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Protein engineer Jasper Akerboom left his job at Janelia Farm to pursue a career as a brewmeister.
More on the STAP cell case ... aggressive spiders ... Working Life ... NIH Bear ...
After 5 years, a settlement is reached in a case in which a young chemist lost her life in a laboratory fire.
A new tool shows that the most important factors for career success are only weakly connected to doing good science.
To win the job interview, answer the questions, make your interviewer feel good about you, and avoid making major mistakes.
A presidential team hopes to make a point about salary inequity in academe.
To increase diversity at your institution, analyze your performance, and make diversity a priority, a new study suggests.
An article in Nature suggests that the Graduate Record Examination is a poor predictor of graduate student success.
Mary Czerwinski, a cognitive psychologist, has spent her career doing both basic and applied research in the technology industry.
Whitehead Institute for Biomedical Research postdocs get some love—including some glamorous marketing online.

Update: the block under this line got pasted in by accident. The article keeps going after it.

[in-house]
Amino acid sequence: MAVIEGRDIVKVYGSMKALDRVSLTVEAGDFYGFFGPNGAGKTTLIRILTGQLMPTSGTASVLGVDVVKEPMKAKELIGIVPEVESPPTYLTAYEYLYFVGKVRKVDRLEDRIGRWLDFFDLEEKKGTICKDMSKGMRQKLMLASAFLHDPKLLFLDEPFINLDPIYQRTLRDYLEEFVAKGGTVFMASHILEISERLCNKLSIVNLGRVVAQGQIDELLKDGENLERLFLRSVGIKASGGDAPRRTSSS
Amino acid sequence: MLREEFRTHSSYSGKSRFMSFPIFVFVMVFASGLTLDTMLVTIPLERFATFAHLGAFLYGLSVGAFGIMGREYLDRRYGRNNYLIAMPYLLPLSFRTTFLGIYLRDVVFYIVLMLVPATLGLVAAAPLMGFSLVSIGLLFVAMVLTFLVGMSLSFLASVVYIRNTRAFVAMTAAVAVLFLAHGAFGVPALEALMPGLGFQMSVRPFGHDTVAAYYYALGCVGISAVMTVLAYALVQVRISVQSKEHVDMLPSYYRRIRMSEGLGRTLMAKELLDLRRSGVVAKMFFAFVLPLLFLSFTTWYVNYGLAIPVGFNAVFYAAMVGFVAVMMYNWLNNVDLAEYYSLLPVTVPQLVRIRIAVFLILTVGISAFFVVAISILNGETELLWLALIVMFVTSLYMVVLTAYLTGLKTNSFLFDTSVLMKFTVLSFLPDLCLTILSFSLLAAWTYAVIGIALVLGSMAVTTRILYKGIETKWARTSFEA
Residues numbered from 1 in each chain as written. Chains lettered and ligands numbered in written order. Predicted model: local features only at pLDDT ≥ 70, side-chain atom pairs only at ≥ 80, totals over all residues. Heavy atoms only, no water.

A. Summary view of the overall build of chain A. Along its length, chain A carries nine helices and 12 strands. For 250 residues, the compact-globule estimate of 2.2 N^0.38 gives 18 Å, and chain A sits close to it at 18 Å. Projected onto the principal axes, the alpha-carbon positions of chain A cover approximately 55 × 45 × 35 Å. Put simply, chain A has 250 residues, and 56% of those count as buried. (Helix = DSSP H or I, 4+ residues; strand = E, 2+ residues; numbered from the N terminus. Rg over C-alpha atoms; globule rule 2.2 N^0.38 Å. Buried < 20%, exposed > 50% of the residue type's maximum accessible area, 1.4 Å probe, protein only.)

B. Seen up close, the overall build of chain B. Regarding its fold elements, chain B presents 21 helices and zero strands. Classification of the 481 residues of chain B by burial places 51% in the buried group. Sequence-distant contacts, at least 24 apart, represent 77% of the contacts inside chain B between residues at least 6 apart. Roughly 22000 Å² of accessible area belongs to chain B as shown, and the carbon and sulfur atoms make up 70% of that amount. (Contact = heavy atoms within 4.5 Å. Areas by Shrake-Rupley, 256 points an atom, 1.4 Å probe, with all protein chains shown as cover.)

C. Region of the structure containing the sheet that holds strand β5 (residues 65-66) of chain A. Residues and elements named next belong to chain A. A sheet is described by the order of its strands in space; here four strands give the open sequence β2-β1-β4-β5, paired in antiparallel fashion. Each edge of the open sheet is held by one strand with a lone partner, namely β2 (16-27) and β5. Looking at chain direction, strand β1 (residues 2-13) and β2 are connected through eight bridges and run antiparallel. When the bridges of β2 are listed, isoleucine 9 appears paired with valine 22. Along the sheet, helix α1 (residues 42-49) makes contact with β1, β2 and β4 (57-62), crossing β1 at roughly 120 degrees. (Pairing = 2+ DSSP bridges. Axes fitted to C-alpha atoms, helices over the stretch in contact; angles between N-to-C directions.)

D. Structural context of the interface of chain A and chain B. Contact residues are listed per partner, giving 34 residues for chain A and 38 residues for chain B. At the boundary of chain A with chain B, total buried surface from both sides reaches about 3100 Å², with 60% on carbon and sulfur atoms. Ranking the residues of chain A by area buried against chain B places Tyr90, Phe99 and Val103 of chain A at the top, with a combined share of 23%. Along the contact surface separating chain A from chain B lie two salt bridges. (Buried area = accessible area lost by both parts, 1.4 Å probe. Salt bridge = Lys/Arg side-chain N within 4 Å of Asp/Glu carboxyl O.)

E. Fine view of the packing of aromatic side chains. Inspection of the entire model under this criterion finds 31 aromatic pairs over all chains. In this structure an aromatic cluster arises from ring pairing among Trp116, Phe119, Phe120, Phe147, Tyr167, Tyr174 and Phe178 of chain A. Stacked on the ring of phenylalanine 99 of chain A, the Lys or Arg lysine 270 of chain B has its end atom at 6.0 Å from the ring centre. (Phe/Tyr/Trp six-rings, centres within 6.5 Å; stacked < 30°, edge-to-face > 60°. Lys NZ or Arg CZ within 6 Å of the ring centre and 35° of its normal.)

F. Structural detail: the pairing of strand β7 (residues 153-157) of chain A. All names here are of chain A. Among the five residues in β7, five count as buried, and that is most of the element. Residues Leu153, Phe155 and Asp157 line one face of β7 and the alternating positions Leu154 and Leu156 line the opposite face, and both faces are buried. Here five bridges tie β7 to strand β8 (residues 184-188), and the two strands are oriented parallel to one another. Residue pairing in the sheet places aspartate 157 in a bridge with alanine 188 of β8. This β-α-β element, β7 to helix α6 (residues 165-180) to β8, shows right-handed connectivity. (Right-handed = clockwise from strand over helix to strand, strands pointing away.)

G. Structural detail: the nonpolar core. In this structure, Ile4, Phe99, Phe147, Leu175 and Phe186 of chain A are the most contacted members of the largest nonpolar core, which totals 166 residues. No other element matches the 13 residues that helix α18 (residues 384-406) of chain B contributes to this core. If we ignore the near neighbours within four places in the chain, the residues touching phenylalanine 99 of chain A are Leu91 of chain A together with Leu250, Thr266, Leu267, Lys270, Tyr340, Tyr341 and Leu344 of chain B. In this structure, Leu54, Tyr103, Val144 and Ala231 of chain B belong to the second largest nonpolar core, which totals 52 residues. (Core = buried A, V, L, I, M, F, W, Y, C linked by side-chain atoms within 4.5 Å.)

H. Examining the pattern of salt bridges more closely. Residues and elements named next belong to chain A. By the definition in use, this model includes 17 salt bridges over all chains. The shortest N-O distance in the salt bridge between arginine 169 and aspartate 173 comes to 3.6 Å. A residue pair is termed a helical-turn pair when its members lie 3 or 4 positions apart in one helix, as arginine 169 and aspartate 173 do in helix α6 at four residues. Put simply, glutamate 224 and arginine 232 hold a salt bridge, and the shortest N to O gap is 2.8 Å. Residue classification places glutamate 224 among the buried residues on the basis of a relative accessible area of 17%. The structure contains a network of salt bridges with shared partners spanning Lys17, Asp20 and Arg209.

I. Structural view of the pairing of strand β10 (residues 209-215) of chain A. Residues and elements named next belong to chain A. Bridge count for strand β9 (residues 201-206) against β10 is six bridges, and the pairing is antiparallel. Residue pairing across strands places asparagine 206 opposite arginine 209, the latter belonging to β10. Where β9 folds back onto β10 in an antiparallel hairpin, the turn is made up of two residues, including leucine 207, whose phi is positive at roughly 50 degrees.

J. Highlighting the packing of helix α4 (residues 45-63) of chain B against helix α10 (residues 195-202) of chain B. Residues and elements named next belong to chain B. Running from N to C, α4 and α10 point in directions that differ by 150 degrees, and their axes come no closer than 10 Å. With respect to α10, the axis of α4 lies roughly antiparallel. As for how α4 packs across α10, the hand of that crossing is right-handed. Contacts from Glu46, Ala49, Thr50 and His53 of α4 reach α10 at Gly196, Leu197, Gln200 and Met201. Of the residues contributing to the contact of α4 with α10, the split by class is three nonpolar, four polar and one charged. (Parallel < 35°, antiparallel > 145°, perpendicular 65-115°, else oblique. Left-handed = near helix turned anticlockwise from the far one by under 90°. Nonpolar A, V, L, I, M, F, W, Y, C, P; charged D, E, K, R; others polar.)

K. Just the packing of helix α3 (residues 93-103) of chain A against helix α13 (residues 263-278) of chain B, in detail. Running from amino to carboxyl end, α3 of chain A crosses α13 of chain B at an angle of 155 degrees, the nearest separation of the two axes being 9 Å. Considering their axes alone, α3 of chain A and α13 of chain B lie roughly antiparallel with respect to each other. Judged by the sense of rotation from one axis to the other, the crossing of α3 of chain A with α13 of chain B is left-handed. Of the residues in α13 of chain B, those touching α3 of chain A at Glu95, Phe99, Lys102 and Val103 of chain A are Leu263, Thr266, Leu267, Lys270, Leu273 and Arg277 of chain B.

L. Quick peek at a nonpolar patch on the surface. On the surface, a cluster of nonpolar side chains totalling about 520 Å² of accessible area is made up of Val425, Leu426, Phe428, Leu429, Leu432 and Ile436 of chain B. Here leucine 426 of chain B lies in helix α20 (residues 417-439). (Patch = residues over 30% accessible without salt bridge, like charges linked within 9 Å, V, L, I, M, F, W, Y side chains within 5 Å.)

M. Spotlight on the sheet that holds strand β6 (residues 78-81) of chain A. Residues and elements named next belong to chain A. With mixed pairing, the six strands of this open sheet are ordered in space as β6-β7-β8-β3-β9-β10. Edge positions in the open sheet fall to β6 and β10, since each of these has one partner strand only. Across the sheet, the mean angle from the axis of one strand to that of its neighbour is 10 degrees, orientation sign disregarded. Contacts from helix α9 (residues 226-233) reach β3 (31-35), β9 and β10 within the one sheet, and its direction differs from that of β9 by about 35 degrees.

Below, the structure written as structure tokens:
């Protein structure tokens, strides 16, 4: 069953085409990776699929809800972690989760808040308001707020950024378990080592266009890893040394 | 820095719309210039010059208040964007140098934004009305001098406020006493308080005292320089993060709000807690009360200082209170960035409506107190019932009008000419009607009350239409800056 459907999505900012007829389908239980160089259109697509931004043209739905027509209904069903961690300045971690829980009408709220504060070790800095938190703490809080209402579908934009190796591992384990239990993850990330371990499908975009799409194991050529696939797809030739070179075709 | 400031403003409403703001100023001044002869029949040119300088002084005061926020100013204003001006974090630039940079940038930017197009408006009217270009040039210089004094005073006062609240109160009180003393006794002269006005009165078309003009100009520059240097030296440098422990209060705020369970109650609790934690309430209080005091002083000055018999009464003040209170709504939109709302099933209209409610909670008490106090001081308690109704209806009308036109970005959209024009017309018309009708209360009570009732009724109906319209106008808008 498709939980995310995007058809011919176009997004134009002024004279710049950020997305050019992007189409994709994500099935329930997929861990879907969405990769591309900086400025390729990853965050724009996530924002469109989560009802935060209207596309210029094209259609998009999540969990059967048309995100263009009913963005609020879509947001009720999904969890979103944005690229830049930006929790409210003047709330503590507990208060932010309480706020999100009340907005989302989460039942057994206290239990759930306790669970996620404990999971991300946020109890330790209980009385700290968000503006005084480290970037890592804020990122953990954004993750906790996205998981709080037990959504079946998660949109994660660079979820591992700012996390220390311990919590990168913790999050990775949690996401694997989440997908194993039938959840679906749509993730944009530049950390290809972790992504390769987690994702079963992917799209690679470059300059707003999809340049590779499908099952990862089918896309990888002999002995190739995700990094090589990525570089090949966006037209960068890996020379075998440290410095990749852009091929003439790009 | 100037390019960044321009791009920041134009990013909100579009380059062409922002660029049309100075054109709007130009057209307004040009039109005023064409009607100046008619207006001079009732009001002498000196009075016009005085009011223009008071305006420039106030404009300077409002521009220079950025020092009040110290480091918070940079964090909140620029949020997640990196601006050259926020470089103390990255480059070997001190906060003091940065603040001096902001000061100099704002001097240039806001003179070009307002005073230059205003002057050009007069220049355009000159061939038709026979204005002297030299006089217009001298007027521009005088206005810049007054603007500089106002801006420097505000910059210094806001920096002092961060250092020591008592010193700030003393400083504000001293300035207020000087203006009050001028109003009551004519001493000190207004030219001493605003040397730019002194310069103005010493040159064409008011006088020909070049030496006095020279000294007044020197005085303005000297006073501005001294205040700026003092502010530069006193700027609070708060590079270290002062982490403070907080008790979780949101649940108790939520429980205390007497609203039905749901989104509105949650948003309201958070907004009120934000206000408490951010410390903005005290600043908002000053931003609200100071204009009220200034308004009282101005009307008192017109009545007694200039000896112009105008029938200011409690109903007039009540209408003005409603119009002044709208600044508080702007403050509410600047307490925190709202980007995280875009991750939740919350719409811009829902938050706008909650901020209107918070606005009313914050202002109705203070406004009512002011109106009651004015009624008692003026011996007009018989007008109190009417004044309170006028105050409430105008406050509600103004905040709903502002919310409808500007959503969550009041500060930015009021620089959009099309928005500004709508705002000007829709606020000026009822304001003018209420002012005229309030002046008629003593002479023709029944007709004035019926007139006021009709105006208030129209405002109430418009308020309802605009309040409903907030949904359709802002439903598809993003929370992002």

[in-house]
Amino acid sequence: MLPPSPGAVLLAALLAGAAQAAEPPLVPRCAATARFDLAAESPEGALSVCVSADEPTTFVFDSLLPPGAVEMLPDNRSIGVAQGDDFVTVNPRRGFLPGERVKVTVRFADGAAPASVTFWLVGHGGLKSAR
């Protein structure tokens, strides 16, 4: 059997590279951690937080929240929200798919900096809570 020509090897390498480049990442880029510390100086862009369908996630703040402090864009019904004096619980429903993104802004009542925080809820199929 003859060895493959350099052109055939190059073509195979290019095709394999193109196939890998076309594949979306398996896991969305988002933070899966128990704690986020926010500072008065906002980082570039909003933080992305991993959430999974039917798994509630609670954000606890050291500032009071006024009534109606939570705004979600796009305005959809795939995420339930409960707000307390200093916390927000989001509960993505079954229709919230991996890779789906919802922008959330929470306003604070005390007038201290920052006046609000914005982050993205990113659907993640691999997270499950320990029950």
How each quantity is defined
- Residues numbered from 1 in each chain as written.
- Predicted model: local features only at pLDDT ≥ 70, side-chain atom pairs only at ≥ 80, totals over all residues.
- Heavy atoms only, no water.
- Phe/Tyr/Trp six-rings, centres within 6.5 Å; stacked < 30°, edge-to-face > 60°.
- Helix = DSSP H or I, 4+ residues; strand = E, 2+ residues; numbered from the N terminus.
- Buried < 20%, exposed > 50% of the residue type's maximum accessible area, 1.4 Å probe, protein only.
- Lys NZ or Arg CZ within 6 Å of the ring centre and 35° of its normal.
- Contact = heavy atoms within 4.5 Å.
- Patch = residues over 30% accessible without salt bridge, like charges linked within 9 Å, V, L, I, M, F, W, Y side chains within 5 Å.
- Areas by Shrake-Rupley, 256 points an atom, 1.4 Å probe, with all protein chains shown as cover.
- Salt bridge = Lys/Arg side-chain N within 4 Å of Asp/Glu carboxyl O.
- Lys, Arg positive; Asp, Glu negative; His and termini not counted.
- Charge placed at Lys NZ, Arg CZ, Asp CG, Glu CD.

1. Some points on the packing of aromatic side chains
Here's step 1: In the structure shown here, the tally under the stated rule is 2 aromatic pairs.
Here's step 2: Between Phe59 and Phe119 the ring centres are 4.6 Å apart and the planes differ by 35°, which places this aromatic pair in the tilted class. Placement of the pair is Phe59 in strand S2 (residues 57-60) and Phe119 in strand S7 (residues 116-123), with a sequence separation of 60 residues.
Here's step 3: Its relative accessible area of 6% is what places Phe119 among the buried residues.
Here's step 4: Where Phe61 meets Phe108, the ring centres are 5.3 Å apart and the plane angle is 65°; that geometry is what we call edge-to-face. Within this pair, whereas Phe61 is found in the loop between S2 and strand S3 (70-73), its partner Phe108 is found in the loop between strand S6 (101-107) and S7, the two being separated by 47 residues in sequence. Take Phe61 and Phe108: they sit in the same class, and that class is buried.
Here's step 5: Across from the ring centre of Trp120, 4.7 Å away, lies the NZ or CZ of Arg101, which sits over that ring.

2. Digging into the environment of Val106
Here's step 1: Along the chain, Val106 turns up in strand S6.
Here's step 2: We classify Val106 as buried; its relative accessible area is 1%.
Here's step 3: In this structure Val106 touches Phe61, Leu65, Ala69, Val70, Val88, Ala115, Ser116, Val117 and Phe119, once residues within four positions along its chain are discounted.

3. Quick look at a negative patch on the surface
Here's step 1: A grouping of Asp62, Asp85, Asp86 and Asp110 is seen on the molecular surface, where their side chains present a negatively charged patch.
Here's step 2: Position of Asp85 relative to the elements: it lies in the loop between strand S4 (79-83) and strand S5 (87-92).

Big data is pouring out of life sciences research, creating ample opportunities for scientists with computer science expertise.
Rat regret … a shortage of physician-scientists … congressional meddling … the latest on STAP … Working Life
In Chemical & Engineering News, scientists share what principal investigators can do to establish a culture of safety in their labs.
A weekend spent with nonscientist friends reminded Cathy Walker that working as a scientist is fun.
The upset win of David Brat over House Majority Leader Eric Cantor (R-VA) all but ensures that immigration reform won’t pass anytime soon.
Hard work, early independence, and playfulness were instrumental in Nobel laureate Tim Hunt’s success.
New online tools are making it easier for scientists to share data and other resources.
A new report argues that the United States may soon face a serious shortage of scientists with clinical degrees.
For new Ph.D. graduates, an academic startup might make sense—especially if they’re in it for the experience.
There has been a new influx of female researchers, but they’re small, blocky, and made of plastic.